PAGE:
Beatrix Campbell: Why this story does matter

'A cultural controversy of the greatest importance is deemed by ministers not to matter. They simply don't understand that this was a gaffe too far'
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The Independent Online

For days the world's mass media, politicians and public have expressed outrage at the sight of Prince Harry wearing Nazi gear at a fancy dress party. The image of the arm that brings a fag to the royal mouth branded with a swastika will lodge in the global consciousness for a very long time to come.

For days the world's mass media, politicians and public have expressed outrage at the sight of Prince Harry wearing Nazi gear at a fancy dress party. The image of the arm that brings a fag to the royal mouth branded with a swastika will lodge in the global consciousness for a very long time to come.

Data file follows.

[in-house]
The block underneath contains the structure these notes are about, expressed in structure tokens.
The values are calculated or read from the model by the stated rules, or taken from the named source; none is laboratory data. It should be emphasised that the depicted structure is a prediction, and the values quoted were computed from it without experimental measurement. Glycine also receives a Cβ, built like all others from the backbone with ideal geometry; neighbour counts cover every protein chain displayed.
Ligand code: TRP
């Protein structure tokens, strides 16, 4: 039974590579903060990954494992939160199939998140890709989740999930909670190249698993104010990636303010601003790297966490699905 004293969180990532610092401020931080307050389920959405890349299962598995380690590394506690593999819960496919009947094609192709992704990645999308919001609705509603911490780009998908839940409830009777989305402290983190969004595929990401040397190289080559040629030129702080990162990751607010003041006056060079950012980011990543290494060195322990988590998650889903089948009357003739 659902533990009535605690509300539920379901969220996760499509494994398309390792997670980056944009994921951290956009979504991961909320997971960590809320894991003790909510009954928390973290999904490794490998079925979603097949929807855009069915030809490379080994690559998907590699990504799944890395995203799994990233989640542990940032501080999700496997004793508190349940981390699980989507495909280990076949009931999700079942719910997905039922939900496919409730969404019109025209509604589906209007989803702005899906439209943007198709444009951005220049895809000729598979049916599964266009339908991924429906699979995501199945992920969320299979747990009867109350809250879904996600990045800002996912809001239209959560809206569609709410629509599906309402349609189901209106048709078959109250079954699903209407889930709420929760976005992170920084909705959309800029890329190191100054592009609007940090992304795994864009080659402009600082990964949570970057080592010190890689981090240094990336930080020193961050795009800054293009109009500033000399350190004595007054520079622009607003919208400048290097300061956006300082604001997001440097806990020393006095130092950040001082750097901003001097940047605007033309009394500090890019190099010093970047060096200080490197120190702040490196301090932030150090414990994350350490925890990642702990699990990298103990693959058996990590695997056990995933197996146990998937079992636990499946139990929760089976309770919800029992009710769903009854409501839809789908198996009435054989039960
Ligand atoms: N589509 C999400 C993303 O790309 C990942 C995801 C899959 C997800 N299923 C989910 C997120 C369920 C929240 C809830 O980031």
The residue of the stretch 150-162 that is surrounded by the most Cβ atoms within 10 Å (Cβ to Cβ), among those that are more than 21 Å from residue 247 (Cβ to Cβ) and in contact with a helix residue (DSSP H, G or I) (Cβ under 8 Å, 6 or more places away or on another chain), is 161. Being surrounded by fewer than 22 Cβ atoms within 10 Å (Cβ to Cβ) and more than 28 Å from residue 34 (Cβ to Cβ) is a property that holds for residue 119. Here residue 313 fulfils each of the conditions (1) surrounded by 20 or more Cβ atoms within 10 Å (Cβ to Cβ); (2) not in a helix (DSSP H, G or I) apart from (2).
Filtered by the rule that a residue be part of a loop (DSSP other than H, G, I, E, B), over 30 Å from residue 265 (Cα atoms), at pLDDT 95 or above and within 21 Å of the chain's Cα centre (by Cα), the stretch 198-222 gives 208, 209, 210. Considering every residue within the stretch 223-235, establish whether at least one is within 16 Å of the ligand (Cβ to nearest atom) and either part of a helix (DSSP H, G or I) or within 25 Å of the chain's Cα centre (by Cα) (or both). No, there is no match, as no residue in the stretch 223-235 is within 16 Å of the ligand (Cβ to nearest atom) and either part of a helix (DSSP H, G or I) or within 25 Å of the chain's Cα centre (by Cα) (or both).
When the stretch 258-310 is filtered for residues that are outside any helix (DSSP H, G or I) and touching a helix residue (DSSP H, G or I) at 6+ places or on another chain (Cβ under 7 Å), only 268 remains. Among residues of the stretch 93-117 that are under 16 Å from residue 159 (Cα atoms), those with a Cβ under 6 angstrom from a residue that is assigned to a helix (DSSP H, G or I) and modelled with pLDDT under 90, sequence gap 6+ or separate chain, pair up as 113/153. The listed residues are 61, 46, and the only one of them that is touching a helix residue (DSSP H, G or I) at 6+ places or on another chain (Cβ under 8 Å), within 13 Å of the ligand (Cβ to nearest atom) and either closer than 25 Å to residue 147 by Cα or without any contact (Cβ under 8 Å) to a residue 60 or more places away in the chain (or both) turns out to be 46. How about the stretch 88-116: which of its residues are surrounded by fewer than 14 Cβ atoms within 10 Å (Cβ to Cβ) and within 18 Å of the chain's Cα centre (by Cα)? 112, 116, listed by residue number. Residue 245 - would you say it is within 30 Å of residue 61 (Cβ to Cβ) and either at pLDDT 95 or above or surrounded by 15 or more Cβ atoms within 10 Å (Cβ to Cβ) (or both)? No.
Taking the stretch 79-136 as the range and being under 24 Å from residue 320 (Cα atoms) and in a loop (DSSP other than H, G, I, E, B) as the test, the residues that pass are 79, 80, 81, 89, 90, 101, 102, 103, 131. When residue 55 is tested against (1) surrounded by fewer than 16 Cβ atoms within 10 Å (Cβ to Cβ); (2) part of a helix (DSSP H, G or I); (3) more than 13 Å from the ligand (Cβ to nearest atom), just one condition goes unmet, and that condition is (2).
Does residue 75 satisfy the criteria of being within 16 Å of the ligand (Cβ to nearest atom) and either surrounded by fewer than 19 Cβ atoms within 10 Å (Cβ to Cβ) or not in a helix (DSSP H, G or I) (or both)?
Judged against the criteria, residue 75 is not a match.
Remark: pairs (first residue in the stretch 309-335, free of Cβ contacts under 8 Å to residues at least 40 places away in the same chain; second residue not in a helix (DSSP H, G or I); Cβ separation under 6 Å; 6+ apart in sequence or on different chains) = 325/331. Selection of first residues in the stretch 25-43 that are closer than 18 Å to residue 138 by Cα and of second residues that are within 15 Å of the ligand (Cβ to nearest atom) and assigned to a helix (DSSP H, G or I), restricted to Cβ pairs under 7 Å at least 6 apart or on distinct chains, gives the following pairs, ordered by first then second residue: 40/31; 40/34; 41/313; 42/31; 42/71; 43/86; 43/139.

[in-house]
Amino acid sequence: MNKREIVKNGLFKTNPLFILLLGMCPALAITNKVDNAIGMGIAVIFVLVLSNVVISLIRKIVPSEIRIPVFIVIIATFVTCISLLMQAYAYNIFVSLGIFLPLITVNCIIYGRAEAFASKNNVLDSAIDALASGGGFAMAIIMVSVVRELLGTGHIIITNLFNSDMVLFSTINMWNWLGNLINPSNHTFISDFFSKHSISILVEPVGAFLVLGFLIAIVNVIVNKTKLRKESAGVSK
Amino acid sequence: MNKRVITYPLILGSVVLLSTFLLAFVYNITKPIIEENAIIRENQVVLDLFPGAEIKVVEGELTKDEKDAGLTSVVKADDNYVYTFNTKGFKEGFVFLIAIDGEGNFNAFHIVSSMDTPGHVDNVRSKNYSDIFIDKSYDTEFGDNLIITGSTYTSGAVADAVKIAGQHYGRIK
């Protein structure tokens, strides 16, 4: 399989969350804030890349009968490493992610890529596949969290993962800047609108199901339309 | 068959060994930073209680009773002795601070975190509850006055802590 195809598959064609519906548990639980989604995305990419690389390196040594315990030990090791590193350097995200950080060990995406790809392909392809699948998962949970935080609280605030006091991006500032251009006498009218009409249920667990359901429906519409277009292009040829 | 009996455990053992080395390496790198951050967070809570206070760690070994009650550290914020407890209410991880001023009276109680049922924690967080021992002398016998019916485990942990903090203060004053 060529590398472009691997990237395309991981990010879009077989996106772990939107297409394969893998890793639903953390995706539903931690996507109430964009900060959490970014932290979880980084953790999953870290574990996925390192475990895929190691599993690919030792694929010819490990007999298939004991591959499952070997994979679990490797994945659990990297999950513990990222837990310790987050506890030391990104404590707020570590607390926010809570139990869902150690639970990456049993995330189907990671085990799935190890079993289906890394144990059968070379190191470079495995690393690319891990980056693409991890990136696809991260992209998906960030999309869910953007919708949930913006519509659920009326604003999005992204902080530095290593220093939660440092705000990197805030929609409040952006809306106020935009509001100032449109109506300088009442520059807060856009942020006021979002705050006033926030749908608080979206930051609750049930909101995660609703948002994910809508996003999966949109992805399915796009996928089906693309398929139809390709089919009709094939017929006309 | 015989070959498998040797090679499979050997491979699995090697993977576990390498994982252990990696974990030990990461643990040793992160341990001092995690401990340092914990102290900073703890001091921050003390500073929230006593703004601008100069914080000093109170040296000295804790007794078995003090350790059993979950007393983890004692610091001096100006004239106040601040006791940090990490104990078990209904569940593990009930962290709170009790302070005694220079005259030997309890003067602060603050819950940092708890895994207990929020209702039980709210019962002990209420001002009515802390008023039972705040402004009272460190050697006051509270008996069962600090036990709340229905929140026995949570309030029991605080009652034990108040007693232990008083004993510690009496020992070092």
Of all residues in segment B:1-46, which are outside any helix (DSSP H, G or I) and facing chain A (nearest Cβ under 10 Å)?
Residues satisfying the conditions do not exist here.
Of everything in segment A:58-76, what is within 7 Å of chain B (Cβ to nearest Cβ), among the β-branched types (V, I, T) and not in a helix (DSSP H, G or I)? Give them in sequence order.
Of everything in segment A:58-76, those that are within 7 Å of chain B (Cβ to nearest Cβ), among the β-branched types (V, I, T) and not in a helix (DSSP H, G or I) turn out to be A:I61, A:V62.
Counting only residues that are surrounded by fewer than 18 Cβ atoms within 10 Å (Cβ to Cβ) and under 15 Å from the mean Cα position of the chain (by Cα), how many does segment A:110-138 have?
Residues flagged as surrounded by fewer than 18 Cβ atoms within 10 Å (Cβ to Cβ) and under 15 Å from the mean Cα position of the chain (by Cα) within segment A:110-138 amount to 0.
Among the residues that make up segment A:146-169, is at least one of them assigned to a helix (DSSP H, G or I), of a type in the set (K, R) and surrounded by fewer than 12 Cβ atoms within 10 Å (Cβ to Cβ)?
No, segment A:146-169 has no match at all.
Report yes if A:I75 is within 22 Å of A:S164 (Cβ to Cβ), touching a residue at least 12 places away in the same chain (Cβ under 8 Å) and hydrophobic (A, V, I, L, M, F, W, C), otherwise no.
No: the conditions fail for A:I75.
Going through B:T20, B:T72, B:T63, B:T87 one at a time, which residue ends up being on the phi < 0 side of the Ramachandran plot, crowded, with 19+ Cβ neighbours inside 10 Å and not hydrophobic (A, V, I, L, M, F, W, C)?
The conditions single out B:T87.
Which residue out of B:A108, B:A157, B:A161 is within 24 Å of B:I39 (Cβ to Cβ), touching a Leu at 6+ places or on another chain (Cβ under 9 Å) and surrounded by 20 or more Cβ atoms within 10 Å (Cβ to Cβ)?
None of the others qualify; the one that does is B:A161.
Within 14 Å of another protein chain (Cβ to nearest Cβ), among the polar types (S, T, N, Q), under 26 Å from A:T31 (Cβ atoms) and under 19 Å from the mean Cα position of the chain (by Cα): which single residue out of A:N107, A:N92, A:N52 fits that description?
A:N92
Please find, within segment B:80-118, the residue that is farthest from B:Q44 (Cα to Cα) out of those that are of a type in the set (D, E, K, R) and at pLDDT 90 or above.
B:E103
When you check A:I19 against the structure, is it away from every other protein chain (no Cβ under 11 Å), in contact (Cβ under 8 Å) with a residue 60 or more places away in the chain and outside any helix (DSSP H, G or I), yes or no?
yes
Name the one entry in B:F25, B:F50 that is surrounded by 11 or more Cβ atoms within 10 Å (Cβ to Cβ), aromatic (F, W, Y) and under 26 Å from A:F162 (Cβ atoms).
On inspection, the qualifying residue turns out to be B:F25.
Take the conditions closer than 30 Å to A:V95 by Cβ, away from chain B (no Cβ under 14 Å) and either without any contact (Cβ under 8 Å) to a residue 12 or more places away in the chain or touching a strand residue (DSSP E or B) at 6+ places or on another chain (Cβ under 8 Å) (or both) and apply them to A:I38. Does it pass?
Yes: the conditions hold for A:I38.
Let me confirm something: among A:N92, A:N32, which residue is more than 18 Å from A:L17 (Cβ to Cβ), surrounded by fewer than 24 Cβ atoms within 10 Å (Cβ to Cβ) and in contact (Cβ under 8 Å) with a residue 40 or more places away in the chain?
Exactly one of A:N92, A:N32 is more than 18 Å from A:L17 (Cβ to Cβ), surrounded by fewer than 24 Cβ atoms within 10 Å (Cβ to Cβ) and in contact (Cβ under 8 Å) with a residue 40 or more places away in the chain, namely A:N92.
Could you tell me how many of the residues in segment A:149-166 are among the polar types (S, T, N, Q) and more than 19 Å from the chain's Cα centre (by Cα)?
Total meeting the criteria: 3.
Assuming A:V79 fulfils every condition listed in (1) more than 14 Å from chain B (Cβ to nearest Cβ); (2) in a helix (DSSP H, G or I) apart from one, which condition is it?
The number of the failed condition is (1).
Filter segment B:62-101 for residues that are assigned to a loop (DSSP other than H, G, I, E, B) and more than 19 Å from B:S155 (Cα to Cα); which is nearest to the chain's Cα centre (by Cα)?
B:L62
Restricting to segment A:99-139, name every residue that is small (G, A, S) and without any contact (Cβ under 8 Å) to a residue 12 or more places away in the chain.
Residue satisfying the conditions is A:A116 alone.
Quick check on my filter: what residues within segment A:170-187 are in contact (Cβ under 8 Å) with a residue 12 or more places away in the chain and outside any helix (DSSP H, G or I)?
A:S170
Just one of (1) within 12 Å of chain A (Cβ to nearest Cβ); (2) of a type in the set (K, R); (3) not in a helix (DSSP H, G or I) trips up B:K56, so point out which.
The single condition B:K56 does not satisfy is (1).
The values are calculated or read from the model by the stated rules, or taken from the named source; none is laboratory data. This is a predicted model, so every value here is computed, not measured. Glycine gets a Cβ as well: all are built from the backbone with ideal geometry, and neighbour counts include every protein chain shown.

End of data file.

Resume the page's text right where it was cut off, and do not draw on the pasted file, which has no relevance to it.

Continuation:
And yet in Britain the Government offers scarcely a comment. A cultural controversy of the greatest importance is deemed by ministers not to matter. It has fallen to the leader of the Opposition, Michael Howard, to pose a direct demand that the Prince come out of hiding and make a personal and public apology.

The comparison is arresting. Michael Howard has stepped sure-footed where New Labour fears to tread. He is demanding a reciprocity from the royals. If they want to live like George III, they must do so by public consent. Howard's demand also touches the collective sensibility that nothing Nazi can be amusing. New Labour's silence shows how far the Government is estranged from the zeitgeist. It simply doesn't understand why this is a gaffe too far.